How Nike, Pepsi, MillerCoors Are Ambushing the World Cup

Brands Unofficially Linking Up to Big Event

By Published on .


With much fanfare, the athletic brand has begun rolling out the Brazuca, the official match ball of the 2014 World Cup. Adidas allowed fans to name the ball via a public vote last year. They picked "Brazuca," a colloquialism used to describe something intrinsically Brazilian. Pushes for the ball include several films and a promo that promises free Brazucas to newborns.

A-B InBev's global campaign by Anomaly, called "Rise As One," captures the "moments that unite football fans worldwide." A black-and-white TV ad shows dramatic scenes of fans getting ready for the event. The brand has also partnered with Vice on a series of digital shorts that document soccer cultures from around the world, including Darfur, Thailand and Texas.

The beverage brand is launching its biggest campaign -- "The World's Cup" -- in more than175 markets. At the centerpiece is the film "One World, One Game," which invites young people to attend the tournament. Coke has also unveiled short films featuring unique groups of soccer lovers, including a team of grannies and an an Argentine football player who has no arms.


Though it's not an official sponsor, Nike's efforts around the World Cup are already picking up steam. One spot focuses on the pressure faced by star players in the run-up to a big match. The brand has also unveiled the Magista soccer shoe, which, like the neon shoes that garnered attention during the London Olympics, is brightly colored and sure to be noticed.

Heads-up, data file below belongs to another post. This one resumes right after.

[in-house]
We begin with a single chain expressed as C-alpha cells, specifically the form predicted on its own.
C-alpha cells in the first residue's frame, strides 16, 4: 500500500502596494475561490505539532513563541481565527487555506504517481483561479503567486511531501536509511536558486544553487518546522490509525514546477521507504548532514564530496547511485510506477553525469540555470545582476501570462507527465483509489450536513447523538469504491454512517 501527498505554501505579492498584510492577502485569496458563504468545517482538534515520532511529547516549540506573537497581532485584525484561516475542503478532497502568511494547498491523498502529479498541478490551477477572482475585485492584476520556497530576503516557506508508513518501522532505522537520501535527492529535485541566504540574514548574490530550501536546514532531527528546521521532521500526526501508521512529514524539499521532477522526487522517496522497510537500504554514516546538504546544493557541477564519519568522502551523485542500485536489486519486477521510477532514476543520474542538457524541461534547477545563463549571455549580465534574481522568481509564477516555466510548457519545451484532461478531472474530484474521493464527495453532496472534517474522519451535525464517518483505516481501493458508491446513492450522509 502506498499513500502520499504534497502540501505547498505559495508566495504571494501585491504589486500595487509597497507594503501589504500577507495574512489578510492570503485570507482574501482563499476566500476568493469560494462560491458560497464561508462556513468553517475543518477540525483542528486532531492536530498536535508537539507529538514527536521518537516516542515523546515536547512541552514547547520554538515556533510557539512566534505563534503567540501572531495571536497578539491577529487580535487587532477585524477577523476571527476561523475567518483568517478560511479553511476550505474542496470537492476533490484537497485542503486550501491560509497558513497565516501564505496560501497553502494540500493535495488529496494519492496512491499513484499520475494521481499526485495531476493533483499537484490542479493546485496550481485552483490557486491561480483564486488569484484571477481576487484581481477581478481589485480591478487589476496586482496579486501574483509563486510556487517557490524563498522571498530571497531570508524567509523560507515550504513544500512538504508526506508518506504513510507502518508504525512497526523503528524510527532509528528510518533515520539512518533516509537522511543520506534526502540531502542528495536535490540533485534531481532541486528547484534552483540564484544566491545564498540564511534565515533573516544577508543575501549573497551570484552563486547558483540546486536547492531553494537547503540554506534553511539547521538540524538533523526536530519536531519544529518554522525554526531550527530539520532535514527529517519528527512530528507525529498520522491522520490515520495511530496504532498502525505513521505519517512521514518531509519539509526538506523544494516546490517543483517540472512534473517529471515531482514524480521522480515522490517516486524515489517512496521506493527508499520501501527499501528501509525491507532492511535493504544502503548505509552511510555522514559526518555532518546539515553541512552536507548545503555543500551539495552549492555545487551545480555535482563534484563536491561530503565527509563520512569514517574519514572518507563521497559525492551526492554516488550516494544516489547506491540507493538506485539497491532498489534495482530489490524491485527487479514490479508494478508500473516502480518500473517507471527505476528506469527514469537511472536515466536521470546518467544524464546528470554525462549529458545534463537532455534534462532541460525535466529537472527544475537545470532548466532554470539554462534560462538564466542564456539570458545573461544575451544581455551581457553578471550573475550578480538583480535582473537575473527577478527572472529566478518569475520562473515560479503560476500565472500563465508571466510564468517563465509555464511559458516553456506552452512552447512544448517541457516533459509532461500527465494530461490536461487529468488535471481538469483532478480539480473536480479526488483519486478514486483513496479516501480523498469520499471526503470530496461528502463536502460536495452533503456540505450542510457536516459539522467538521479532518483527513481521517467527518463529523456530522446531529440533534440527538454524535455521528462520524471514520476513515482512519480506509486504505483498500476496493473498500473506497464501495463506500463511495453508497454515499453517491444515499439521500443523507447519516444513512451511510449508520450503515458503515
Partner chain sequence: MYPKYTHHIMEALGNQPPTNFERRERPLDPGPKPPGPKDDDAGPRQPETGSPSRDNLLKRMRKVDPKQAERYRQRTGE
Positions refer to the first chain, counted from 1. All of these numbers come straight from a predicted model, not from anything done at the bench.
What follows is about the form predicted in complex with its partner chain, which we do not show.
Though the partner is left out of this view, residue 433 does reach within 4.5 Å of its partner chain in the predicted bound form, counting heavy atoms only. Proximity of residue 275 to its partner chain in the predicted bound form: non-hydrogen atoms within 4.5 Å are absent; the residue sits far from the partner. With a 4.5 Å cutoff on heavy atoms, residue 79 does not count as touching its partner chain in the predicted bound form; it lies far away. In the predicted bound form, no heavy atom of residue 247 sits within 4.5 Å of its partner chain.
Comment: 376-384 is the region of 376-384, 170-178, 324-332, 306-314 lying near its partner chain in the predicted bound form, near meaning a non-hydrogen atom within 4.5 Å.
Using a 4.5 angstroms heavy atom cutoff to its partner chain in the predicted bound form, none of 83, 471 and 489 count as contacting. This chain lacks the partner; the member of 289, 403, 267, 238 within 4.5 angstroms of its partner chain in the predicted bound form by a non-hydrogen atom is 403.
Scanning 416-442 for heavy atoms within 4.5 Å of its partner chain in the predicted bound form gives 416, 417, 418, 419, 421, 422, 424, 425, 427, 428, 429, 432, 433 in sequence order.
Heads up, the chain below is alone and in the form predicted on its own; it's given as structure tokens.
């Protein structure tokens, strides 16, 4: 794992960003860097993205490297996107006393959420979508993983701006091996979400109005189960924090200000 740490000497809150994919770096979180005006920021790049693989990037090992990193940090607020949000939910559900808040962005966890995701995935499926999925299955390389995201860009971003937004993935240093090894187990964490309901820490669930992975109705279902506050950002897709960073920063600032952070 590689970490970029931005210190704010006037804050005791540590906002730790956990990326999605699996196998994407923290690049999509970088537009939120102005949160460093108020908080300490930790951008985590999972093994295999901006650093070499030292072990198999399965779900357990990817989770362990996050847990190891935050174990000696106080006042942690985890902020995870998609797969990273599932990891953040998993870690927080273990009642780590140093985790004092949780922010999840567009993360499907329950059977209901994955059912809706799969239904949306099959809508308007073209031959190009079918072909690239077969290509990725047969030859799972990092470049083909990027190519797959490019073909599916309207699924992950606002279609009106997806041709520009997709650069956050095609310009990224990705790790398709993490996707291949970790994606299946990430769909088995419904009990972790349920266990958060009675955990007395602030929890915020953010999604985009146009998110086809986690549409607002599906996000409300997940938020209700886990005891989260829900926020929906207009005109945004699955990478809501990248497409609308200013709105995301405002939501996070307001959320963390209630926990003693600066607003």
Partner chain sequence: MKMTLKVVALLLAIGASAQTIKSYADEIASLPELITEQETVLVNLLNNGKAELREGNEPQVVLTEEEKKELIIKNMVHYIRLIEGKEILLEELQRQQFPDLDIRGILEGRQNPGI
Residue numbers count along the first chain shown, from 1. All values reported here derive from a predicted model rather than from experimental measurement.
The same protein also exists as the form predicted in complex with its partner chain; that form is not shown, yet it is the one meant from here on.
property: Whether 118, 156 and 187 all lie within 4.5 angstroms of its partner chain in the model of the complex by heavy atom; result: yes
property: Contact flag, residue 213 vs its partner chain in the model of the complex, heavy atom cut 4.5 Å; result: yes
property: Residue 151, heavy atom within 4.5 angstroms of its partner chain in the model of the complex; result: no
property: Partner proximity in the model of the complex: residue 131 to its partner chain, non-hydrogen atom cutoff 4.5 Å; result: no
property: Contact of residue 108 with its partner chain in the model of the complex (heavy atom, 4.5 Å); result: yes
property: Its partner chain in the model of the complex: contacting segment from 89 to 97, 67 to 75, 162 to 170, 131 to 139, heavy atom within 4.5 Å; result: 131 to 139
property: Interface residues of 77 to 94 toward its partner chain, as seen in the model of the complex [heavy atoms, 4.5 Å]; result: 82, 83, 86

Although A-B InBev is the official World Cup sponsor, MillerCoors will get in on the action by aggressively advertising on Univision, which has the U.S. Spanish-language rights to the event. A Hispanic ad for Coors Light will feature Luis Amaranto Perea, who plays for Cruz Azul in Mexico.

Pepsi may not be an official sponsor of the World Cup, but it's going big with its first global campaign for soccer. "Now Is What You Make It" marks the largest global effort yet for both the brand and the company; about 100 markets will implement some aspect of the campaign. It's a play on the brand's "Live For Now" push.

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